- Develop an initial use case diagram and determine/refine conceptual business objects.
- Develop use case descriptions.
- Elaborate use case descriptions with alternate and exception flows.
- Model extend, include, and generalization relationships.
- Add supplemental information to the use case model, including priorities, non-behavioral requirements, and business rules.
- Organize the use case, identify use case dependencies, and develop the system use case model.
- Incorporate best practices of use case models.
What you will learn
- Capturing project scope and requirements with use cases
- Use cases in context: relationships to planning, estimation, design, development, quality assurance, training, user acceptance testing, and customer support
- Kickoff meeting and preliminary scope
- Use cases and context diagrams
- Conceptual business objects
- Approaches to analysis: broad/shallow and narrow/deep
- Actors and Triggers
- Pre-conditions and Post-conditions
- Use case briefs
- Basic flows
- Alternate and exception flows
- Expanded use cases and activity diagrams
- Relationship to business rules and project requirements
- Include and extend relationships
- Use case priorities
- Non-functional requirements
- Interface analysis
- Use cases and object models
- Use case dependencies
- Organizing the use case model
- Best practices of use case development
- Extraction of system use cases from business use cases
- Module 1: Understand Use Case Essentials
- Essential Concepts
- Modeling Requirements with Use Cases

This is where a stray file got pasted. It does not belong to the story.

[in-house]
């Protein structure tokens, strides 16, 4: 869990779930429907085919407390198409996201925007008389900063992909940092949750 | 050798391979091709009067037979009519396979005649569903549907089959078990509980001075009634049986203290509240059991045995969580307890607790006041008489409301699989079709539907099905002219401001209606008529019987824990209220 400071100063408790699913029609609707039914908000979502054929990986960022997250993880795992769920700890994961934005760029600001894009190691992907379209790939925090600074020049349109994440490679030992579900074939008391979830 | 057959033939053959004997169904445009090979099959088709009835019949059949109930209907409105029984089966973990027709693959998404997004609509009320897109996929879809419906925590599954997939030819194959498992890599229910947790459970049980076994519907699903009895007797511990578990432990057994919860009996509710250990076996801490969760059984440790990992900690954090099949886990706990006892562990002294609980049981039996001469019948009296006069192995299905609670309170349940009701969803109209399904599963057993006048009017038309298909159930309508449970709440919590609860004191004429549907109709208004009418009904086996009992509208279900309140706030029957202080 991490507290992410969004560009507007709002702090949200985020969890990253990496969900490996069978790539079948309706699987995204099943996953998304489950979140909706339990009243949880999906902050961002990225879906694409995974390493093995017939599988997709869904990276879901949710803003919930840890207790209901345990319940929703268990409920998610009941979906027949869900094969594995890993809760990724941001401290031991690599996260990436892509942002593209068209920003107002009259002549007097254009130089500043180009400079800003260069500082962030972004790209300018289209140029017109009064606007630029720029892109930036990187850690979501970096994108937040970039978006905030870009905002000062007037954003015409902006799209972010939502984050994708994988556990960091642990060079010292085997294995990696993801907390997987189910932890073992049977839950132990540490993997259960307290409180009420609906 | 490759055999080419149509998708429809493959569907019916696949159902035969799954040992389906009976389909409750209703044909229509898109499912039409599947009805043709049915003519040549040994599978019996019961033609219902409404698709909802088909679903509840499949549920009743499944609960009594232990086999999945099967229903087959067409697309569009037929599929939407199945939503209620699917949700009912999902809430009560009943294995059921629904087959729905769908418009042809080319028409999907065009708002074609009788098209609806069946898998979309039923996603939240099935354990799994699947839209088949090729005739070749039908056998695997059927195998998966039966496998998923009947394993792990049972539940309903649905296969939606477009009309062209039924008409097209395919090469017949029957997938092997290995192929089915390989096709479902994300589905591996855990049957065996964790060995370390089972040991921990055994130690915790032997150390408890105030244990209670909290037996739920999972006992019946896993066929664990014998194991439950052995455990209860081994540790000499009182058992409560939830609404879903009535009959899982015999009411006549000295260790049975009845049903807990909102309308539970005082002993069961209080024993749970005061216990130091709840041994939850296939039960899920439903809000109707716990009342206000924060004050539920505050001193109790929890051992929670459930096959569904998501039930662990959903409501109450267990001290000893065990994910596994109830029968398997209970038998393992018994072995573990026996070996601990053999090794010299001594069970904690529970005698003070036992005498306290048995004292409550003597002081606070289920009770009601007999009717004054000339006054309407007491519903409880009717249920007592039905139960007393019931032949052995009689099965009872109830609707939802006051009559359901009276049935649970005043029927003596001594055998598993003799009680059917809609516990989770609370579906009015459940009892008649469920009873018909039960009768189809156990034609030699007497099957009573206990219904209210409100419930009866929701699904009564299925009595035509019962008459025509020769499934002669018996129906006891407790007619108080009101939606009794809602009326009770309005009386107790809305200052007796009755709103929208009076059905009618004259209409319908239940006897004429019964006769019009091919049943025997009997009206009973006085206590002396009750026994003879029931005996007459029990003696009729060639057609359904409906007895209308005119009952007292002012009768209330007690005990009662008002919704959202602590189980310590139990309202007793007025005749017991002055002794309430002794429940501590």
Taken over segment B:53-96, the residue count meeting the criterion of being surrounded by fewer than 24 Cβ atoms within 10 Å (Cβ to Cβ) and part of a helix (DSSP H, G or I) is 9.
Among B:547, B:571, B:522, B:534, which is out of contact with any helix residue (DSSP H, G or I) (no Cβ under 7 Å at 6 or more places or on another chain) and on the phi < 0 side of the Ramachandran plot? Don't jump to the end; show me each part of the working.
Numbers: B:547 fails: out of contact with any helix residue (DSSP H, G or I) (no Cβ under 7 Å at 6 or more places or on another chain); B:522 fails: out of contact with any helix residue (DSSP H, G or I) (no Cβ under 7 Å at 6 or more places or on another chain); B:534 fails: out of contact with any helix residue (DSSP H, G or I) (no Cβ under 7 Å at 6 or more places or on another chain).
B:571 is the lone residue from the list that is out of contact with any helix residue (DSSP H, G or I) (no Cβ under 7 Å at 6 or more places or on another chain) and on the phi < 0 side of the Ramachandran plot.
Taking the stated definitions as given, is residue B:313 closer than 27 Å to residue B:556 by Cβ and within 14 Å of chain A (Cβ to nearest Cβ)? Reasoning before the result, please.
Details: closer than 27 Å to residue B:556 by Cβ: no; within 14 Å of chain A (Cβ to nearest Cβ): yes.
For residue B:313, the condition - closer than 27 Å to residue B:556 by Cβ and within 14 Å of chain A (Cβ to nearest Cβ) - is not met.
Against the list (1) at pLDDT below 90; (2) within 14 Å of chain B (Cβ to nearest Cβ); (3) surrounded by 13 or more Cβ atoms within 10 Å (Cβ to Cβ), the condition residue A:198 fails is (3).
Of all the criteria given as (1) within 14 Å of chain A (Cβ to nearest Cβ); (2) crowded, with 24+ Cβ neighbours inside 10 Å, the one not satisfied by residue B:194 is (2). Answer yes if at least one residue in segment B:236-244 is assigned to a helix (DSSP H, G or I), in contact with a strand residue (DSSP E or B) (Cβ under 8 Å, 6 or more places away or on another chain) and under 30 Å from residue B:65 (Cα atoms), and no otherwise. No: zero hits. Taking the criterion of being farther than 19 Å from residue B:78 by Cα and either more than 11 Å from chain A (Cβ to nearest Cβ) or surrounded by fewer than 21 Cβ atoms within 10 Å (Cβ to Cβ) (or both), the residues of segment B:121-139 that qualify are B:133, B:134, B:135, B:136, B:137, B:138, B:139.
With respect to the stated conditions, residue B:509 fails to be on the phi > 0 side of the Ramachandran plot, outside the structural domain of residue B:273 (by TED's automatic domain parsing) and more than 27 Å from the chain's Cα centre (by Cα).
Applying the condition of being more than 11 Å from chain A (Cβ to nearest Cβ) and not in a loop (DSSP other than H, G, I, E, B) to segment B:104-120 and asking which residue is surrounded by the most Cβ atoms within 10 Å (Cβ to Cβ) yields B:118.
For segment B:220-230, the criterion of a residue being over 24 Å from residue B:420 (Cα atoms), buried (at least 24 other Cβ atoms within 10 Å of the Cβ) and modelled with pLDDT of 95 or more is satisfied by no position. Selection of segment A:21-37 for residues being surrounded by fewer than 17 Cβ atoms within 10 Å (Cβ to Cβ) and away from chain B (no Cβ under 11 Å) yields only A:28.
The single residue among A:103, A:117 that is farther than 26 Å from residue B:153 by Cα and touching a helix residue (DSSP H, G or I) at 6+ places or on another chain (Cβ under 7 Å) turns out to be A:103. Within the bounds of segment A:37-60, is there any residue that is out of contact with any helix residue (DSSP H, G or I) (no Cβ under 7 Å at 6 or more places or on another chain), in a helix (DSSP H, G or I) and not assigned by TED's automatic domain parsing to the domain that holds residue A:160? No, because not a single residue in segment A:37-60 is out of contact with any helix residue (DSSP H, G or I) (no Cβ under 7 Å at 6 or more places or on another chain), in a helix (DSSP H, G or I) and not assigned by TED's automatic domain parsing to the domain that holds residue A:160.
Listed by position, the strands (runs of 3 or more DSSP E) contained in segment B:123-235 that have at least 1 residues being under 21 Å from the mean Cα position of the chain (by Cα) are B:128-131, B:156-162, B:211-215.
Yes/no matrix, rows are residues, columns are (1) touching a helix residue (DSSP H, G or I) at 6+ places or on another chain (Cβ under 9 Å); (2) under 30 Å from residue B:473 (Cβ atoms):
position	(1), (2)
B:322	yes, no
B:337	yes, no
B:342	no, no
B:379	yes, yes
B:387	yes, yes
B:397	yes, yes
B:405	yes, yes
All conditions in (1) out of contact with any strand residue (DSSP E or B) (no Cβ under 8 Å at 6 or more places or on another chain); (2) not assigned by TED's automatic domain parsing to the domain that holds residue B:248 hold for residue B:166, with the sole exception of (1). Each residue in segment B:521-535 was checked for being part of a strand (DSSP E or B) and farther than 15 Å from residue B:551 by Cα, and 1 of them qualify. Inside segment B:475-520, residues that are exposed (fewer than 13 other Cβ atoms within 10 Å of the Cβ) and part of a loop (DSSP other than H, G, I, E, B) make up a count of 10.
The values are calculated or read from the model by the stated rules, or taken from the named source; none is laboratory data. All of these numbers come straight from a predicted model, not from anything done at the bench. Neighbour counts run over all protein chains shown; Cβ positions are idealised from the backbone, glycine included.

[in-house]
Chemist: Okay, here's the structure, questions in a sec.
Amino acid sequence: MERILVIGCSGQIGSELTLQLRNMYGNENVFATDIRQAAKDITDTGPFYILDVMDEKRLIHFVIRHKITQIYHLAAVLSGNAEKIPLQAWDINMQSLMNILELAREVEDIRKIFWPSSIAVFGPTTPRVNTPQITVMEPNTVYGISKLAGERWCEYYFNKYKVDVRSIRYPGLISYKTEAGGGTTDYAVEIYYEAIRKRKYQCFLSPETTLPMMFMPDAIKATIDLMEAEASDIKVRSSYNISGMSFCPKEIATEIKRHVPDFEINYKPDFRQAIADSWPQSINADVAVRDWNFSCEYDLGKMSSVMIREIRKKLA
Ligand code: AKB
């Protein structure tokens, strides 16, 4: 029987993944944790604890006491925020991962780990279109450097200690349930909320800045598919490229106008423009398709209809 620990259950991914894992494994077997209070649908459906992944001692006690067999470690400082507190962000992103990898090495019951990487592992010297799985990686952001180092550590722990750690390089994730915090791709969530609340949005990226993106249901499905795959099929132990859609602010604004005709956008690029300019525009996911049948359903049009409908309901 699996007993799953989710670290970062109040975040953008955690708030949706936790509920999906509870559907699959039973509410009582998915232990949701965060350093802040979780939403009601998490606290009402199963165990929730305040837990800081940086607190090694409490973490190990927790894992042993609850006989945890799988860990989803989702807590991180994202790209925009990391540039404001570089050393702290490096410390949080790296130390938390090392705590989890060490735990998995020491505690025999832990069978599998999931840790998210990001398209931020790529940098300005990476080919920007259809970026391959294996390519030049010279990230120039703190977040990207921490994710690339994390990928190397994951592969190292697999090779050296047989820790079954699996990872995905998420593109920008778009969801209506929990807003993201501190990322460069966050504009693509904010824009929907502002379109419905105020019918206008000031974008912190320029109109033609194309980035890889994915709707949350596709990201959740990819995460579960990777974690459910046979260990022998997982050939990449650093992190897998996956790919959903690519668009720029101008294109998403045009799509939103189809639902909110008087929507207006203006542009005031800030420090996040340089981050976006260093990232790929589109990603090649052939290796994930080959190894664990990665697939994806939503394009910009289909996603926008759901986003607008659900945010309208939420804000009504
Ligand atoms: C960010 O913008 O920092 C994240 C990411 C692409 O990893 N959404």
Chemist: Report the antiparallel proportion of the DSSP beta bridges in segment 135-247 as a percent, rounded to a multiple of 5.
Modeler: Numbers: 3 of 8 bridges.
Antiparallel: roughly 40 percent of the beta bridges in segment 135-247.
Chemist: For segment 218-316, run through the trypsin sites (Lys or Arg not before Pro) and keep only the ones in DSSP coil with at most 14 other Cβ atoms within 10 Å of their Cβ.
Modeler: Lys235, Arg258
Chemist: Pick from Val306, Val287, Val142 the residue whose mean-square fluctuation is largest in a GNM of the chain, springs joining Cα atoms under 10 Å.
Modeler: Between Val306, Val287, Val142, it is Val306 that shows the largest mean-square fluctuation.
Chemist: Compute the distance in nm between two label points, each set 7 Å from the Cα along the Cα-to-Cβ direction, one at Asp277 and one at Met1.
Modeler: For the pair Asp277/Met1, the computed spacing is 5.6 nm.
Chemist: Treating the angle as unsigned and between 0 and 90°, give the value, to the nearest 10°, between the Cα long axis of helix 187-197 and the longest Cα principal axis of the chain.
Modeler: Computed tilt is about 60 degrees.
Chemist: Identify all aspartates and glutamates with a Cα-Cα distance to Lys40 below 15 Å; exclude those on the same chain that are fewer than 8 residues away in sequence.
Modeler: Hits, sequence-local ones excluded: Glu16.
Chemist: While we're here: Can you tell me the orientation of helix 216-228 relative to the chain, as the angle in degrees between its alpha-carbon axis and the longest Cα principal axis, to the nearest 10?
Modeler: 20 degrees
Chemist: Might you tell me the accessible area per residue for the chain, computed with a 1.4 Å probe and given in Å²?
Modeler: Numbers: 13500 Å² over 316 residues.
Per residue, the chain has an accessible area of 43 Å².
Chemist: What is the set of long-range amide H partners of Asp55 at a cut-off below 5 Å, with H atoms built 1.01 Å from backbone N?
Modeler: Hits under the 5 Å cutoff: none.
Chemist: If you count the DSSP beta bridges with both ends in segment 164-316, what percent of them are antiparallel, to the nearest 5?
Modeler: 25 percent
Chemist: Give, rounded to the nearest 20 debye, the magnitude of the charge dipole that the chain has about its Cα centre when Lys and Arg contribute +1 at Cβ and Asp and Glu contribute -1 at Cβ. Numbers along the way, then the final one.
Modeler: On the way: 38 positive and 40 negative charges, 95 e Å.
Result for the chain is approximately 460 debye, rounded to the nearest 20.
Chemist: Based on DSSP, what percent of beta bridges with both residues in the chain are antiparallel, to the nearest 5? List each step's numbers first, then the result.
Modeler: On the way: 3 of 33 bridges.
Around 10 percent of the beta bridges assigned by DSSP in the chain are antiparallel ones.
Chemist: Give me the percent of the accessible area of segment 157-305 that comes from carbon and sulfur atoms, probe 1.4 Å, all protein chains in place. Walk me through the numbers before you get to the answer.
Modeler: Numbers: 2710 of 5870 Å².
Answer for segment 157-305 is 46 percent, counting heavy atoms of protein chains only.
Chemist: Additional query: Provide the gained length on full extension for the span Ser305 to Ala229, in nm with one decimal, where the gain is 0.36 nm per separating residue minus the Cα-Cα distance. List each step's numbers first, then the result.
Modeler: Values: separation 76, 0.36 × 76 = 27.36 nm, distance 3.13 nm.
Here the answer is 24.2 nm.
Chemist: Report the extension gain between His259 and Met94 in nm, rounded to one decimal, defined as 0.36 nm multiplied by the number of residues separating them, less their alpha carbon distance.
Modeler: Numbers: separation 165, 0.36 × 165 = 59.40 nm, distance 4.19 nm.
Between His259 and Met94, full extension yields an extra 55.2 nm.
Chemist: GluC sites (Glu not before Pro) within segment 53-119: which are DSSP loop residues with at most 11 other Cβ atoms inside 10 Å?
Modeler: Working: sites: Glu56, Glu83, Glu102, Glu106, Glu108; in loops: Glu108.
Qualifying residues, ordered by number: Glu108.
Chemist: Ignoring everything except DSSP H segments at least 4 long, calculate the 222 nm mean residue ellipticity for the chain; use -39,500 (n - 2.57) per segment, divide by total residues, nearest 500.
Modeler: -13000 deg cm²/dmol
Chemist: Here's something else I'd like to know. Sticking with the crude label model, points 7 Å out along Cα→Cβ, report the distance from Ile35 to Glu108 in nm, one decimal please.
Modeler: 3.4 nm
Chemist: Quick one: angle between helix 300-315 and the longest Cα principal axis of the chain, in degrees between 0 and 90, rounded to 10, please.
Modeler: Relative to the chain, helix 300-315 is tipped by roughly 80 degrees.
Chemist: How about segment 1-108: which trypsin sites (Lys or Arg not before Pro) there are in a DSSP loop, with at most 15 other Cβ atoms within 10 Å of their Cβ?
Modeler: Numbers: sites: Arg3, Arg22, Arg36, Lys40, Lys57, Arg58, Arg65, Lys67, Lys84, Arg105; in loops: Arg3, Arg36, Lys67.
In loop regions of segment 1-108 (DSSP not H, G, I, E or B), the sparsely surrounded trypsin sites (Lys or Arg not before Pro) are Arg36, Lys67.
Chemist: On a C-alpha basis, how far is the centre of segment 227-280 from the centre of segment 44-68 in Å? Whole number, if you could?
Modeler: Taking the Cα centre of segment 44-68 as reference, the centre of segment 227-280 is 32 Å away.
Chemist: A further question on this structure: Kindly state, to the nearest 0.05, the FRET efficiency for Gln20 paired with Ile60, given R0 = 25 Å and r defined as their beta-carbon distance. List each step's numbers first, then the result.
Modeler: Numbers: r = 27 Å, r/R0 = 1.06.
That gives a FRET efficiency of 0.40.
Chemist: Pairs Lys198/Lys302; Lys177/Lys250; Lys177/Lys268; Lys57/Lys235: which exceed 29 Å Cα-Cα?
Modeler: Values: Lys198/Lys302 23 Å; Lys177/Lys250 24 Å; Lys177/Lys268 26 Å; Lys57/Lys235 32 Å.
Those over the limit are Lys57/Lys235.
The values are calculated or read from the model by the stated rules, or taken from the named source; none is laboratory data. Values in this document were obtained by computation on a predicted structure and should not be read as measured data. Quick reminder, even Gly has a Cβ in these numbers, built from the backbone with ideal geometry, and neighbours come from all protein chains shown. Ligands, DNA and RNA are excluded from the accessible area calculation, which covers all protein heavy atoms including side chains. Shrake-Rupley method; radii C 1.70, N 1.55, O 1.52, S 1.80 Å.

- Module 2: Use Cases
- Actors and Initial Use Cases
- Role Maps
- Gathering Requirements Through Use Case Analysis
- Use Case Workshops
- Module 3: Analyze Use Cases
- Use Case Template
- Describing the Basic Flow
- Module 4: Account for Alternate and Exception Flows
- Describing Alternate and Exception Flows
- Relationship of Use Cases to Activity Diagrams
- Module 5: Model Complex Use Cases
- Model Include Relationships
- Model Extend Relationships
- Module 6: Build a Requirements Model
- Use Case Prioritization
- Mapping Use Cases to Class Models
- Linking Use Cases to Detailed Requirements and Business Rules
- Module 7: Manage Use Case Models
- Organizing the Use Case Model
- Use Case Patterns
- Best Practices
- Reviewing Use Cases
- Module 8: Leveraging Business Use Cases
- Using Business Use Cases to Model Business Processes
- Extracting System Use Cases from Business Use Cases
Please review our cancellation policy before you register.Please note that prices are subject to change without notice.